Dismiss Notice
Join Physics Forums Today!
The friendliest, high quality science and math community on the planet! Everyone who loves science is here!

Voyager 1 at the heliosheath

  1. May 26, 2005 #1


    User Avatar

    The Voyager 1 spacecraft, launched in 1977 to explore the planets, is now agreed by scientists to have entered the heliosheath at the edge of the solar system 8.7 billion miles (14 billion kilometers) from the Sun. In a few years, Voyager 1 is expected to become the first man-made object to cross into interstellar space.

    "Voyager has entered the final lap on its race to the edge of interstellar space, as it begins exploring the solar system's final frontier," said Dr. Edward Stone, Voyager project scientist at the California Institute of Technology.

    As long ago as 2003, scientists thought Voyager 1 was entering the termination shock region of the solar system, but there was some dispute. The termination shock is the area preceding the heliosheath, where the electrically charged solar wind is slowed and concentrated by contact with interstellar gas. The heliosheath is considered the outer edge of our solar system. Around it is the heliopause, a cosmic bubble where the pressure of solar wind and interstellar wind is in balance.

    The solar system as a whole is in orbit around the center of the Milky Way galaxy. As it plows through clouds of interstellar gas and dust, a bow shock (I'm pretty good with the bow staff.) forms ahead of it, which has been compared to the turbulence a ship creates as it sails through ocean currents. Voyager 1 is still operational and sending back reams of scientific data. Already notable for more than 27 years of successful operation, Voyager 1 is projected to continue operating on its plutonium power source until 2020.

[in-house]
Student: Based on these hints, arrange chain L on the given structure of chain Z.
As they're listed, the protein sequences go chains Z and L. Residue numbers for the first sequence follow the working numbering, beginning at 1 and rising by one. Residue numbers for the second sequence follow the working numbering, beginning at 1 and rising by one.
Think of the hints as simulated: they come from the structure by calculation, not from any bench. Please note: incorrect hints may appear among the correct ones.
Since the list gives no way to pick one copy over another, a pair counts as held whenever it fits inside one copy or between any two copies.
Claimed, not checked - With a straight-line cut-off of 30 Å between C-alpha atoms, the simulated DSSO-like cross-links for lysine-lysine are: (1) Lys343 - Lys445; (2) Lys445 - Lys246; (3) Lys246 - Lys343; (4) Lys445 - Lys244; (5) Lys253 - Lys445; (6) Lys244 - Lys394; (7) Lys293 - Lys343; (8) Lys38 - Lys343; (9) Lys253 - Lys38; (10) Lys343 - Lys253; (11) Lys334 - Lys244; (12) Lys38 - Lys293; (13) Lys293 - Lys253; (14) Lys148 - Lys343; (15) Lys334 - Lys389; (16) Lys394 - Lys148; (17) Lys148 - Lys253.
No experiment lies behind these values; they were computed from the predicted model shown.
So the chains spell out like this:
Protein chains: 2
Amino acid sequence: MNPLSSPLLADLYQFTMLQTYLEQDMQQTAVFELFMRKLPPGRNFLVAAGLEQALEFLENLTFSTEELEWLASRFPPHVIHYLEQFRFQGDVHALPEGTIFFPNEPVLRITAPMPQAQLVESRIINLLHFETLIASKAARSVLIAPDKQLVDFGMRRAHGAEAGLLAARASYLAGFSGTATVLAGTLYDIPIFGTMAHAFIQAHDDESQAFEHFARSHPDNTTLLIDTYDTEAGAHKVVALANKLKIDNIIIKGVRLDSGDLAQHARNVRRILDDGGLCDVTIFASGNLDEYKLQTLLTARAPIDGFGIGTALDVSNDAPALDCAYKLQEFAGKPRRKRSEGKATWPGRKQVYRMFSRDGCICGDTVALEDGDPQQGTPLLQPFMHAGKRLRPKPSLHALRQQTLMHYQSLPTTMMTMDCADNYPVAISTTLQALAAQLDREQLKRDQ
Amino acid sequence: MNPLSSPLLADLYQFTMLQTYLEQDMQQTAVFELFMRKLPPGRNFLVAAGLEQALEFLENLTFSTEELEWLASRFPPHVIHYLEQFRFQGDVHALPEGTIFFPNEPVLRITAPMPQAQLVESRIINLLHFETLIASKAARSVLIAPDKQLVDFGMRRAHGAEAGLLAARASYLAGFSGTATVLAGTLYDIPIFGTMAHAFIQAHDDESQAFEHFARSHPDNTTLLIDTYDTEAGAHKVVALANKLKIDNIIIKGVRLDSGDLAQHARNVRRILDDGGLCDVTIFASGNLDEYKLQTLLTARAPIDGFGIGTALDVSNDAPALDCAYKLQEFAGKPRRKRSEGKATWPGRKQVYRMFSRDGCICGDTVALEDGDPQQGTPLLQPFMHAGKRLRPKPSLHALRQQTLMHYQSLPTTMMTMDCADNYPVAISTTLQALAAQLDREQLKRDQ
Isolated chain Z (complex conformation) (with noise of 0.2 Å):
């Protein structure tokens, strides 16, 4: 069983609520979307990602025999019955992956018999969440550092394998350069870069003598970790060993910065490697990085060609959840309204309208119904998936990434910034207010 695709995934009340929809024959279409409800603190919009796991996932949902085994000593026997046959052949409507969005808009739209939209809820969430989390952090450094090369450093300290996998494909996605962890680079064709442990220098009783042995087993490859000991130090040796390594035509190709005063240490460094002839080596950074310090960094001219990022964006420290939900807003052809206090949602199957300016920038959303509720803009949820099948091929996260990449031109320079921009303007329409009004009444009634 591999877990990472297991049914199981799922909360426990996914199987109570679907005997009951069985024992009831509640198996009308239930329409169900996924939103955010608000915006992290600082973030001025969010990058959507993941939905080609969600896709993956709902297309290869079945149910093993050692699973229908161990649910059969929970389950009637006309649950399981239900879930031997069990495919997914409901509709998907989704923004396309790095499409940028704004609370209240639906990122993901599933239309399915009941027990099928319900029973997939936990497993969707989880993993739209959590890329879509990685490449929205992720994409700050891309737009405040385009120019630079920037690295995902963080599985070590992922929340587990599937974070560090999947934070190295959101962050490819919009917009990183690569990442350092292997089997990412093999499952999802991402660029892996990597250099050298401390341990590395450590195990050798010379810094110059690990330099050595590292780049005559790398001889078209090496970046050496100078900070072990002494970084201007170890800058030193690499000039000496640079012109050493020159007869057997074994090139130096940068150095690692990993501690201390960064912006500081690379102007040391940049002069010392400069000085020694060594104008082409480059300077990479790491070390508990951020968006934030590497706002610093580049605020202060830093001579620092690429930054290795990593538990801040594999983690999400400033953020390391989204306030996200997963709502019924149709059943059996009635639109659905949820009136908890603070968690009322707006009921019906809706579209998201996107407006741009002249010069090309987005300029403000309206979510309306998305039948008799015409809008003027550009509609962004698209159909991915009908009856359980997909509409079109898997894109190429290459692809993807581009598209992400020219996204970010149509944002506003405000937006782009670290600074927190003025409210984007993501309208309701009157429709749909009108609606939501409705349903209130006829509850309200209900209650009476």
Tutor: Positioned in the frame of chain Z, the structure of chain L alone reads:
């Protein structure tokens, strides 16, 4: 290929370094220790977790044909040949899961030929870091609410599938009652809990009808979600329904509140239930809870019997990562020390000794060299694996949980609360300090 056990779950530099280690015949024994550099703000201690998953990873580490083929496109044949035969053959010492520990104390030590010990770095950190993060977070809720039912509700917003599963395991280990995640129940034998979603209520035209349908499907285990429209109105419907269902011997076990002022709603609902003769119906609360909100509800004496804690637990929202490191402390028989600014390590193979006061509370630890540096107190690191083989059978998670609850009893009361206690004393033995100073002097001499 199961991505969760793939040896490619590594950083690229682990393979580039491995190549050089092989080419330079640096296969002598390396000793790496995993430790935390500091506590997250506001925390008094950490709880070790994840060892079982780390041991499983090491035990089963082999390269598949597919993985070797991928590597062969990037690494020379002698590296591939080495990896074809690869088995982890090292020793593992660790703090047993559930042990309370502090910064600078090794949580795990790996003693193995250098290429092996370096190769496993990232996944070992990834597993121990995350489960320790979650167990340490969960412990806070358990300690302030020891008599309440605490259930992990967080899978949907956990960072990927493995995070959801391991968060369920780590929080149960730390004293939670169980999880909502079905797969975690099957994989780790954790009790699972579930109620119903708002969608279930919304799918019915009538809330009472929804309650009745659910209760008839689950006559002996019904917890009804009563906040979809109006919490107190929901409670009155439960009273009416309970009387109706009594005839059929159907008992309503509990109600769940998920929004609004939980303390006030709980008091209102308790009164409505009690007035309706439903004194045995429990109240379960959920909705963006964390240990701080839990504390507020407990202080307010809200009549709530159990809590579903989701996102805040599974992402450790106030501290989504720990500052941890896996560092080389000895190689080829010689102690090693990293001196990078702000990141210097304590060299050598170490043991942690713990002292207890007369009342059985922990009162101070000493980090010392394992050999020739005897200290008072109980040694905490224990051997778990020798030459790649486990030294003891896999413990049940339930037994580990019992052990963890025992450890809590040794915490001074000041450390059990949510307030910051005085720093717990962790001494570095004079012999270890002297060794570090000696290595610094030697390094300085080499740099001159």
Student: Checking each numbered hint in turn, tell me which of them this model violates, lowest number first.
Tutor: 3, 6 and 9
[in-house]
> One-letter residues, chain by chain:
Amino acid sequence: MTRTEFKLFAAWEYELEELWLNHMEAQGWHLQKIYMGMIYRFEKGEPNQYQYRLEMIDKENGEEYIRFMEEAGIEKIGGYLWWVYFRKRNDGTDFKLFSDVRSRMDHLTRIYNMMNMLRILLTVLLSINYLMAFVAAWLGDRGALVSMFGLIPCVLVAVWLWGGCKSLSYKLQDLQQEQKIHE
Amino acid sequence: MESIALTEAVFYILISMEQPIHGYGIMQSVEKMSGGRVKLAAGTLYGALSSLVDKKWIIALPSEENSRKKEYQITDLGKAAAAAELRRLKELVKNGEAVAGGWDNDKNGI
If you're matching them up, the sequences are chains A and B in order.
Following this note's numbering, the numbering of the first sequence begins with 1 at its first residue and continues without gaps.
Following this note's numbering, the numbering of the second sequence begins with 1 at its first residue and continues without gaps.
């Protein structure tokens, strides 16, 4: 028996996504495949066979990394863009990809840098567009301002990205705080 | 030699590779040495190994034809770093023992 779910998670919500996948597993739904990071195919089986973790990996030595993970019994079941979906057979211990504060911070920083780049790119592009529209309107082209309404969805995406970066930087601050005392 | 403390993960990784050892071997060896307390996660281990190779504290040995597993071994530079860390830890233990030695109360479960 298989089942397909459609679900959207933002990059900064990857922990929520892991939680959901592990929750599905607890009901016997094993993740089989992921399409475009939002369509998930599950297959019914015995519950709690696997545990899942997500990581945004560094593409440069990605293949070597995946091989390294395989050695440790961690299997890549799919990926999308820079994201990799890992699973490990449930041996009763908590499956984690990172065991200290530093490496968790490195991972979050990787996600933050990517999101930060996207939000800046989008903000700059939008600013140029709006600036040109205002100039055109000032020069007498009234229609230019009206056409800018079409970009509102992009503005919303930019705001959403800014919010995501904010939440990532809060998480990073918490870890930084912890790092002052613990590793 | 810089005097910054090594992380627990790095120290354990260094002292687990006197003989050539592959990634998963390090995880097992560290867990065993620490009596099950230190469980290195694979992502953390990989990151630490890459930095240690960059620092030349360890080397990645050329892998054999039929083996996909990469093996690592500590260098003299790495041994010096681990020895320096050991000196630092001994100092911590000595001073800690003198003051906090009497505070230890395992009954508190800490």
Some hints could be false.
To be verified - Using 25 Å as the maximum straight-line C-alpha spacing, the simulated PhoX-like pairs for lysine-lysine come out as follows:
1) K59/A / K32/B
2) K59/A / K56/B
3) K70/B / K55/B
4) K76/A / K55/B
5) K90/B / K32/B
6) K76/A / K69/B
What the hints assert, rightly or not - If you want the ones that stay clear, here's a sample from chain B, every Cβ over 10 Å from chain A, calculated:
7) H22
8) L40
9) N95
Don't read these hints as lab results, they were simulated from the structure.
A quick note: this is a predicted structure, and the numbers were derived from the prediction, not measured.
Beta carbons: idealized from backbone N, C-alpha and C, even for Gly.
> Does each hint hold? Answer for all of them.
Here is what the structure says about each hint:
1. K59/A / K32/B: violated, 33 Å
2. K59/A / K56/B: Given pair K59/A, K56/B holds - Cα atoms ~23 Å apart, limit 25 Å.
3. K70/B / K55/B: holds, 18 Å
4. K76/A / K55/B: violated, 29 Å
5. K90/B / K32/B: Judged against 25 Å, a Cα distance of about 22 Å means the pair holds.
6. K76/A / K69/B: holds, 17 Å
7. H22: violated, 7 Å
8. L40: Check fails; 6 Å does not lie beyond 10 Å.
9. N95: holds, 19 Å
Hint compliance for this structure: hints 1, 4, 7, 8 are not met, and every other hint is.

2. jcsd
  3. May 26, 2005 #2
    pretty sweet man
  4. May 26, 2005 #3
    So they decided not to trash the voyeger probes? Or is that thing still going on?
  5. May 26, 2005 #4


    User Avatar

    They're not really using them for anything, just lettin them go so they can tell people NASA shot something 100 billion miles away. Besides, what would they do? Bring them back?
  6. May 26, 2005 #5
    They were some of the first ones to bring us those awesome pics of Jupiter and Saturn (Uranus and Neptune too IIRC) back in the 70's & 80's. They don't have and engine on board, so they pretty much just did flybys of the planets, which naturally sent them heading out of the solar system after they got done. They've been monitoring them ever since because, well, why not? They're out there still transmitting data, so you might as well get all you can.

    BTW, the RTG is expected to be dead in 2020? With a half-life of 78 years (Pu-238), I would have thought you could get more than 50 years from it. Obviously you couldn't get full power for that long, but maybe just enough to drive a few sensors and leave the rest powered off. Ah well, I guess in any case 50 years isn't too shabby. Try and get *that* from a NiCad battery.
Know someone interested in this topic? Share this thread via Reddit, Google+, Twitter, or Facebook